Superintendent says D65 needs to raise achievement

Priya Khatkhate

Something needs to be changed in the culture of Evanston/Skokie District 65 schools in order to raise student achievement levels, Superintendent Hardy Ray Murphy said at a board meeting Monday night.

Although he avoided specifics, Murphy called on all teachers and administrators to adopt high expectations for every child who walks through their classroom or office doors. The D65 faculty is working very hard, but something needs to change to spark a consistent and across-the-board increase in student achievement, he said.

“When children come to school on that first day, they come with stars in their eyes,” Murphy said. “Something happens in our institutions that turns out the light in their eyes.”

The persistent disparity in testing levels and achievement between middle-class white students and lower-income minority students cannot be resolved in the short term, but must be addressed in a variety of ways over the next few years, Murphy said. He set a target of three to five years for D65 to show a trend in increased state testing scores, which would show the district has changed its approach to instruction and trained teachers better, he said.

“We have to catch the disengaged children,” Murphy said. “It is our ultimate responsibility and our challenge.”

Murphy added not everything can, or should, be driven by “closing the gap” in test scores between white and minority students. If D65 focuses on that aspect of measuring student learning alone, success will be harder to achieve. Murphy suggested that the instruction of the core subjects such as math, science, reading and social studies might need to be changed.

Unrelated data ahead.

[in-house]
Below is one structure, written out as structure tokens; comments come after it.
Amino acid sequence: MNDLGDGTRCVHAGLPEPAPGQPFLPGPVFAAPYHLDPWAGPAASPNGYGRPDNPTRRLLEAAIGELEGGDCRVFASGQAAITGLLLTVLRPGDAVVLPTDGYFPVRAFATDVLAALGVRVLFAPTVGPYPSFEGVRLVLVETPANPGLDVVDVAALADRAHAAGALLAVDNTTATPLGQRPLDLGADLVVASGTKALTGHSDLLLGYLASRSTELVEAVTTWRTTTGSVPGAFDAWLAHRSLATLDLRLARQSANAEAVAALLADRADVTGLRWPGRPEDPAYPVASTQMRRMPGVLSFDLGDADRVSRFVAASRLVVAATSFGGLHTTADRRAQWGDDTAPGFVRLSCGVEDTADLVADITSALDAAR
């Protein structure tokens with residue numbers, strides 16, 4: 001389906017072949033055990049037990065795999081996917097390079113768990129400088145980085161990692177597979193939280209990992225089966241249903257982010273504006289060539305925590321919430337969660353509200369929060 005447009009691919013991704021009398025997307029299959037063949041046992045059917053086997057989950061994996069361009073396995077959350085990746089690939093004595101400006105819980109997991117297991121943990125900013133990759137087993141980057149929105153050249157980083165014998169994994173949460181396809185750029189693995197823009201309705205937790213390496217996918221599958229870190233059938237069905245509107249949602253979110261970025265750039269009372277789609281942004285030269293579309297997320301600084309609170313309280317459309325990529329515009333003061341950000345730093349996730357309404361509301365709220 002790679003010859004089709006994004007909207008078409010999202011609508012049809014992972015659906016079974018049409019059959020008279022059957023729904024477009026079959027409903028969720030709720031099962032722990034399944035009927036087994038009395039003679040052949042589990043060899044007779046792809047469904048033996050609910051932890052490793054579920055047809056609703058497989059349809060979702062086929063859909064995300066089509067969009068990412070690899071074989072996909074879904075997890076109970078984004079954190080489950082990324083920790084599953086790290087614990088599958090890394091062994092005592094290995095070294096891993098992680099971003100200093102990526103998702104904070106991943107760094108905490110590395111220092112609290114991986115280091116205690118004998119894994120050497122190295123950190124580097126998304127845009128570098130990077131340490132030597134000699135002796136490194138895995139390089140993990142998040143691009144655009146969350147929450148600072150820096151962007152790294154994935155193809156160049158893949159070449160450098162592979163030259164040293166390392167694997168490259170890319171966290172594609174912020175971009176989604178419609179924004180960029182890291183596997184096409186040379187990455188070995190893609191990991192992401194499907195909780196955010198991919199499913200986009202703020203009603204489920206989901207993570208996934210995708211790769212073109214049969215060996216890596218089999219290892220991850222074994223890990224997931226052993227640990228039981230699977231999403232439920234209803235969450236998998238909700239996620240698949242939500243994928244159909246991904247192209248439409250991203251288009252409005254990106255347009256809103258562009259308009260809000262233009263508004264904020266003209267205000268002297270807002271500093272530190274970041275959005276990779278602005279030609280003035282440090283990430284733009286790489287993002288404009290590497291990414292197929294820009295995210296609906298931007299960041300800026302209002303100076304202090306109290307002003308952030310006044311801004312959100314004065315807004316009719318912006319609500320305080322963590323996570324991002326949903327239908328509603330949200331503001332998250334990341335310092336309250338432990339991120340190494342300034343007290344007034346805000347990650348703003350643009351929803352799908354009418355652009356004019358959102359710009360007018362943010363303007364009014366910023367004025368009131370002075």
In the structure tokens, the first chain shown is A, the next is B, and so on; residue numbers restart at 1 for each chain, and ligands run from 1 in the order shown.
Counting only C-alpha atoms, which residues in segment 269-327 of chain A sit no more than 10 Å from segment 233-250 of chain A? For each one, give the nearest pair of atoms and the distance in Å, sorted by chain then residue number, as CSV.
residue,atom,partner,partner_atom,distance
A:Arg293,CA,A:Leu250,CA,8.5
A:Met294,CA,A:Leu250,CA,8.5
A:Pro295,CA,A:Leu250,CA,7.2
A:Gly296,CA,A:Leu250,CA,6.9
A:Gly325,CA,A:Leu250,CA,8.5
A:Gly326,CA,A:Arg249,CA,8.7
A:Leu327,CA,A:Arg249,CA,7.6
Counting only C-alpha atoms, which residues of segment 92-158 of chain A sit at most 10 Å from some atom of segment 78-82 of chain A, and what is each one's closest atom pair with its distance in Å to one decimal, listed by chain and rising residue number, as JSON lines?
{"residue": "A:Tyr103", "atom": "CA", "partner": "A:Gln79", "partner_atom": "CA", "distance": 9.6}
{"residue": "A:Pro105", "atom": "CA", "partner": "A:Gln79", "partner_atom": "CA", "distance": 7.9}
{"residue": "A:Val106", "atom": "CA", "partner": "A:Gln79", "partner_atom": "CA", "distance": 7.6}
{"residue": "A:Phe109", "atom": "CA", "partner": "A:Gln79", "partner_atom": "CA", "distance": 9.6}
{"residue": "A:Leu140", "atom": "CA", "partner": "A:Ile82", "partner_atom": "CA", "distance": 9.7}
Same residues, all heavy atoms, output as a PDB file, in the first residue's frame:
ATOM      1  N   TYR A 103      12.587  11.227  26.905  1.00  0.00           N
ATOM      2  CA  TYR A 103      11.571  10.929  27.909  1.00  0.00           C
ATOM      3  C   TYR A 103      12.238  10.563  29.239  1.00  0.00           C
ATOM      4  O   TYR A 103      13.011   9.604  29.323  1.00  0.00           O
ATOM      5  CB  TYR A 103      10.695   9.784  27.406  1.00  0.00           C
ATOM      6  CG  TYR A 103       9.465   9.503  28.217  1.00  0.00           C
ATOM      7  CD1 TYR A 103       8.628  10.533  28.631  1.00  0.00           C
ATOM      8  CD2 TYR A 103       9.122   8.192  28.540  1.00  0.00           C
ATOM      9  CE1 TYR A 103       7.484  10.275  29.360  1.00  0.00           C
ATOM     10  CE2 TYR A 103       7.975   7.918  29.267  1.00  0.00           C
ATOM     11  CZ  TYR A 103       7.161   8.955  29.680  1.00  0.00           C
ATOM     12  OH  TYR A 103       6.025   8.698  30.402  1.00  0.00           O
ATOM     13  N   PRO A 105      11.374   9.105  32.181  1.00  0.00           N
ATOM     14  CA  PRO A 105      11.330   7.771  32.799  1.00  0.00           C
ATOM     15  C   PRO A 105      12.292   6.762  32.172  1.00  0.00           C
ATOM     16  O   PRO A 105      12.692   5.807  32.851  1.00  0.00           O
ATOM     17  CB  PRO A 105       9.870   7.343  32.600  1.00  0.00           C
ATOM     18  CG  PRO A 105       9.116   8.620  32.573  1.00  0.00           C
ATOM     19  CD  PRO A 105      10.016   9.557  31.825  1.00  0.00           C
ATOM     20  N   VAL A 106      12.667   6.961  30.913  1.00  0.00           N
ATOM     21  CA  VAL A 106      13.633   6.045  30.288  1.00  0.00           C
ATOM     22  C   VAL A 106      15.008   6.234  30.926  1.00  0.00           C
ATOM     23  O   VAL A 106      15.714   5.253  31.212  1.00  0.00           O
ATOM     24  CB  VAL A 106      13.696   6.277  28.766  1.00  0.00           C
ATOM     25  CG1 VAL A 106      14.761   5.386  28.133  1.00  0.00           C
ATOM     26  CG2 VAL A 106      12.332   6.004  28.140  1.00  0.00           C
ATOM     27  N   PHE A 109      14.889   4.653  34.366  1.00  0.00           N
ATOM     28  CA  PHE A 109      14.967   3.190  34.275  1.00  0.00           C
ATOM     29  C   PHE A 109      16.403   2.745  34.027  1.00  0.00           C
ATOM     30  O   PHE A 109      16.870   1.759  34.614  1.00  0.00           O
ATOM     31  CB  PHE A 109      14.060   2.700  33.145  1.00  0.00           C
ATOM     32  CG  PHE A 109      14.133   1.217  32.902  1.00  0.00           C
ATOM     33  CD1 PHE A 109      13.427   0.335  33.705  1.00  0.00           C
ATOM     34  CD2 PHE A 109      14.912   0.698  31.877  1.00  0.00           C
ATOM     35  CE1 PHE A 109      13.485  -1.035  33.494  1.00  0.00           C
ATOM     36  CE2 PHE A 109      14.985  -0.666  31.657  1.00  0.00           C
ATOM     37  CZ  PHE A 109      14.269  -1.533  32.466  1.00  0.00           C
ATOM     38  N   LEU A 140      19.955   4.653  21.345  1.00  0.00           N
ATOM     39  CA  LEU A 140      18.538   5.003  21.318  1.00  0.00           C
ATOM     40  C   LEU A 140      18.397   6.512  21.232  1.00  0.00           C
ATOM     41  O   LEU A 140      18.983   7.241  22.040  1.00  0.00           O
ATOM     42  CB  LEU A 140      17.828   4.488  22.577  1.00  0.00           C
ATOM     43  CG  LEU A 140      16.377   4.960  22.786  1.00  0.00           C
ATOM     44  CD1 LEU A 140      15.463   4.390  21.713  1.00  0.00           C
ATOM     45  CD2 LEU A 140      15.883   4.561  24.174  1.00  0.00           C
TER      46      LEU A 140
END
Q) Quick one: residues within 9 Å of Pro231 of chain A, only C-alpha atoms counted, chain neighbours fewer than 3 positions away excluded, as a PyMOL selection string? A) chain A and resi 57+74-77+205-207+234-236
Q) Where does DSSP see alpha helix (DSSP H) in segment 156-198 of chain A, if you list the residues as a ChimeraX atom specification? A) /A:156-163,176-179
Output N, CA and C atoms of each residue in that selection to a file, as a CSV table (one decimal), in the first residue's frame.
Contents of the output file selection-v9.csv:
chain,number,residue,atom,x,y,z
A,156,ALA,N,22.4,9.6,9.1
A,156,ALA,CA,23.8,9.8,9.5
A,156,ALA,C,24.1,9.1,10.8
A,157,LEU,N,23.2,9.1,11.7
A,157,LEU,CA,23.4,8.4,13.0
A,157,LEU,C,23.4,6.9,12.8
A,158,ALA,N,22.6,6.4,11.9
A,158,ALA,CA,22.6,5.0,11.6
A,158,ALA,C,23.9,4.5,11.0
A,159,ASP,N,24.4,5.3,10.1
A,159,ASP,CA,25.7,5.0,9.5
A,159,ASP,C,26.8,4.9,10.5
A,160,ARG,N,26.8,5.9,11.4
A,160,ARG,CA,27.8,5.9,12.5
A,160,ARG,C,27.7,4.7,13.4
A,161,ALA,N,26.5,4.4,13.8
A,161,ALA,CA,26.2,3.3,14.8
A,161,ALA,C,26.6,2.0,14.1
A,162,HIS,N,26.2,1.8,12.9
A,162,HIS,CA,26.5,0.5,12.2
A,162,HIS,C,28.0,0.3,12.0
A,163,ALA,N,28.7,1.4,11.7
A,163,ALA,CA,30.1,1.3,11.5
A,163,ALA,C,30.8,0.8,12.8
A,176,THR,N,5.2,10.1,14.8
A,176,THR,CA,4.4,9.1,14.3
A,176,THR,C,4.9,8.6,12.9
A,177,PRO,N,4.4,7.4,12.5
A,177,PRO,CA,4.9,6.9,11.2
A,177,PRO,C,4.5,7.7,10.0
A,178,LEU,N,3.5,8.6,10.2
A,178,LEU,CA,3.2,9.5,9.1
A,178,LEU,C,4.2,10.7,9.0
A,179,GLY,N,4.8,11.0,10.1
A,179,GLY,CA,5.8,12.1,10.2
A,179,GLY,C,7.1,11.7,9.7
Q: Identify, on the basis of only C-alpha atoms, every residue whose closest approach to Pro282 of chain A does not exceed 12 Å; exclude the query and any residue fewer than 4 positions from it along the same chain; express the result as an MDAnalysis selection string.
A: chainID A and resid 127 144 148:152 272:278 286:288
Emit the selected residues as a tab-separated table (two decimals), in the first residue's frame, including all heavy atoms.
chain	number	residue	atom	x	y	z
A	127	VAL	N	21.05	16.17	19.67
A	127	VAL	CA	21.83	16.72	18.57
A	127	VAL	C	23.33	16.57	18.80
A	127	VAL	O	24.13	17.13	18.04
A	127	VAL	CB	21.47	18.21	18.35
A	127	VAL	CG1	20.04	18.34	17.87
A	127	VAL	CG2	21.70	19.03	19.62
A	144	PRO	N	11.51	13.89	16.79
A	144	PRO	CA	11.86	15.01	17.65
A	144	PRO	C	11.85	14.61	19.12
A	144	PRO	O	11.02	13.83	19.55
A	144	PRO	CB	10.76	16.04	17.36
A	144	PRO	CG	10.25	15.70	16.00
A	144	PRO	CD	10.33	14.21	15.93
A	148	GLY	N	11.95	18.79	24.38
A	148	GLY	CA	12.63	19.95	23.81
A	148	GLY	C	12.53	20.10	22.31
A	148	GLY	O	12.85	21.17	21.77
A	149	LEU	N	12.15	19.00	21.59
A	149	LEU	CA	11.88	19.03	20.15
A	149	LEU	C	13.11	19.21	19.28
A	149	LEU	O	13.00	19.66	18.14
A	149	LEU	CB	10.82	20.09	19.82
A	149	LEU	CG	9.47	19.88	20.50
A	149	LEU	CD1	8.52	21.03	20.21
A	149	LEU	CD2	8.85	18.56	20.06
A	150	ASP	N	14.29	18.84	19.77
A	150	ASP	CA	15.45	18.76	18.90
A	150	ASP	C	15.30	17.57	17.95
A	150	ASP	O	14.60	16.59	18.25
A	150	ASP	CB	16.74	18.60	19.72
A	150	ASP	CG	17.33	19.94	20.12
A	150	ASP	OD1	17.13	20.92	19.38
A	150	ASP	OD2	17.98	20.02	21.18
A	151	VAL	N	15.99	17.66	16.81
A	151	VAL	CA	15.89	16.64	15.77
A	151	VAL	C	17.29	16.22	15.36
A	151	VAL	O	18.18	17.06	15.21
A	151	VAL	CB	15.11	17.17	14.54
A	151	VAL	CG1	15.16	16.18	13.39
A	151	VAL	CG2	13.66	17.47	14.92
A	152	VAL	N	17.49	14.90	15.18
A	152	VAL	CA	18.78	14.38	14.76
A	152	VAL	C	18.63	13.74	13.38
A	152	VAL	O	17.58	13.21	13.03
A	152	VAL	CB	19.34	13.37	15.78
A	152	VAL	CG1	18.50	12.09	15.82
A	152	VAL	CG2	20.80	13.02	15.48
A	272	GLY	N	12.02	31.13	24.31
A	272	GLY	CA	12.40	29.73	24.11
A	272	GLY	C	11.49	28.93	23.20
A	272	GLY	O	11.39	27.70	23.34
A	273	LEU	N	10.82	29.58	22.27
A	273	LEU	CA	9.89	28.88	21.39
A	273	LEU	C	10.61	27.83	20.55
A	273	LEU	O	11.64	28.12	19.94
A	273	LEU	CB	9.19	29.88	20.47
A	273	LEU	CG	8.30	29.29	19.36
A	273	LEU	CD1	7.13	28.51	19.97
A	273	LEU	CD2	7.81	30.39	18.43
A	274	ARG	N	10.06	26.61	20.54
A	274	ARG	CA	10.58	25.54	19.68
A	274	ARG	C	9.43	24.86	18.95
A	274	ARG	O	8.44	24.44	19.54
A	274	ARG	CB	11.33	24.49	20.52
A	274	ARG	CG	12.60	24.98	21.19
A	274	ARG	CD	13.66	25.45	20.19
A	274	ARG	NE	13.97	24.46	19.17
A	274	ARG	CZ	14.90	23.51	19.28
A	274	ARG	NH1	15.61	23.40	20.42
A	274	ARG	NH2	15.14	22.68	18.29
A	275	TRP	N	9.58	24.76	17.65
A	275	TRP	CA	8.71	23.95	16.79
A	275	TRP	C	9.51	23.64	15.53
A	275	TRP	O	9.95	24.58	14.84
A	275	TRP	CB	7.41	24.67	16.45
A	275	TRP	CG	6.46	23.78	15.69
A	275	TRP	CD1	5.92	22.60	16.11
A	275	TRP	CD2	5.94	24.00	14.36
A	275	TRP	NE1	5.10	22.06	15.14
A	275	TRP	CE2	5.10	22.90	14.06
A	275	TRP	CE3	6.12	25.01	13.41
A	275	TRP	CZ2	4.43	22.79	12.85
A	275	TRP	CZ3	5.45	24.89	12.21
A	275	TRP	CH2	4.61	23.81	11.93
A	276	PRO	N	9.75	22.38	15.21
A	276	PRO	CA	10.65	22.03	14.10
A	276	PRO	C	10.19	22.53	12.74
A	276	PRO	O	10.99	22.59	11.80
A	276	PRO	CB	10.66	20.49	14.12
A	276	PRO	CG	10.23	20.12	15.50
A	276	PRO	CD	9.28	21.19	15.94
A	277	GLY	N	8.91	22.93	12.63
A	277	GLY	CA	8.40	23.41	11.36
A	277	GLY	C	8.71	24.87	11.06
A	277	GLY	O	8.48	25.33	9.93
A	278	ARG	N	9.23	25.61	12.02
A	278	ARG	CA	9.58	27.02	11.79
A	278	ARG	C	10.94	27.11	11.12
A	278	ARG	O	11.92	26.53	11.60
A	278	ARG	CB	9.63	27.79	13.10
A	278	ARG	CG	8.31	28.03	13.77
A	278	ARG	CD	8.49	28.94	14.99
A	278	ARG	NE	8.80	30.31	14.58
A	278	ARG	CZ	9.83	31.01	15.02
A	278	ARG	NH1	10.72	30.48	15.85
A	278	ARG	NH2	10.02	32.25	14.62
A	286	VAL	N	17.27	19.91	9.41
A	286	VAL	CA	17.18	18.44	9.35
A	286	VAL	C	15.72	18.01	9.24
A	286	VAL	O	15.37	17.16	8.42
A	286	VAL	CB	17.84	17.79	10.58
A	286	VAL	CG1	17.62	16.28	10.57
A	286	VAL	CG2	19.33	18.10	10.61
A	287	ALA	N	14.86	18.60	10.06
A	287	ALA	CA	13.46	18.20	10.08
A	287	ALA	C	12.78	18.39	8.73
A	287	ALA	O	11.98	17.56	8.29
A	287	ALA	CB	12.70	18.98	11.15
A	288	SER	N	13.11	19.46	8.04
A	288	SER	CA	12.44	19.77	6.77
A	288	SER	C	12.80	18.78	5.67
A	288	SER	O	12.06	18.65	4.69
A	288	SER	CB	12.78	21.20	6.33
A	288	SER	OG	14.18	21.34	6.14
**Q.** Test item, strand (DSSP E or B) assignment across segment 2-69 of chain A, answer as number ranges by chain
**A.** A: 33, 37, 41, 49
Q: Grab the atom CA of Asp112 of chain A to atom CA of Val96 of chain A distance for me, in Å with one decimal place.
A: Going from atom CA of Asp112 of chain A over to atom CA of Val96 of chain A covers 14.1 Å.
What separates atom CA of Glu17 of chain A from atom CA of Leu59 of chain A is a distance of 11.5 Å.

One of the proposals to stimulate these changes is the Strategic Improvement Team plans, which include programs for guided reading, more effective instruction methods and uniform job expectations for all D65 teachers and administrators. The board and administration hope to increase student achievement in all the schools through these districtwide instructional goals.

Lynn McCarthy, a co-chairwoman of the SIT committee presented last year’s statistics. The district is trying to create a “focused and sustained” quality education throughout the district, she said.

While not all schools met last year’s SIT goals, McCarthy said all of the district’s schools will be expected to meet all of the plan this year.

“The SIT plans are connected with everything in the district,” McCarthy said. “This provides a support system that will help it to become more effective.”

Board member Betsy Sagan echoed the sentiments of the board when she endorsed the districtwide reach of the plan.

“Prior to (districtwide) SIT, schools had a lot more leeway to do what they wanted to do with it and that could lead to inconsistency,” Sagan said. “This is a chance to make it a living plan to help make sure the board goals for the entire district are realized.”

The Illinois Board of Education gave the district’s SIT plan a boost on Jan. 25 when it granted the district a $2.25 million grant that will be used mainly for the funding and expansion of teaching initiatives and teacher training programs. By training more teachers in the most effective methods of instruction, D65 administrators say that they will be able to raise consistent achievement over the next few years.

“There is now an elevated importance of SIT,” Murphy said. “It should define all those things that are important and essential for student achievement.”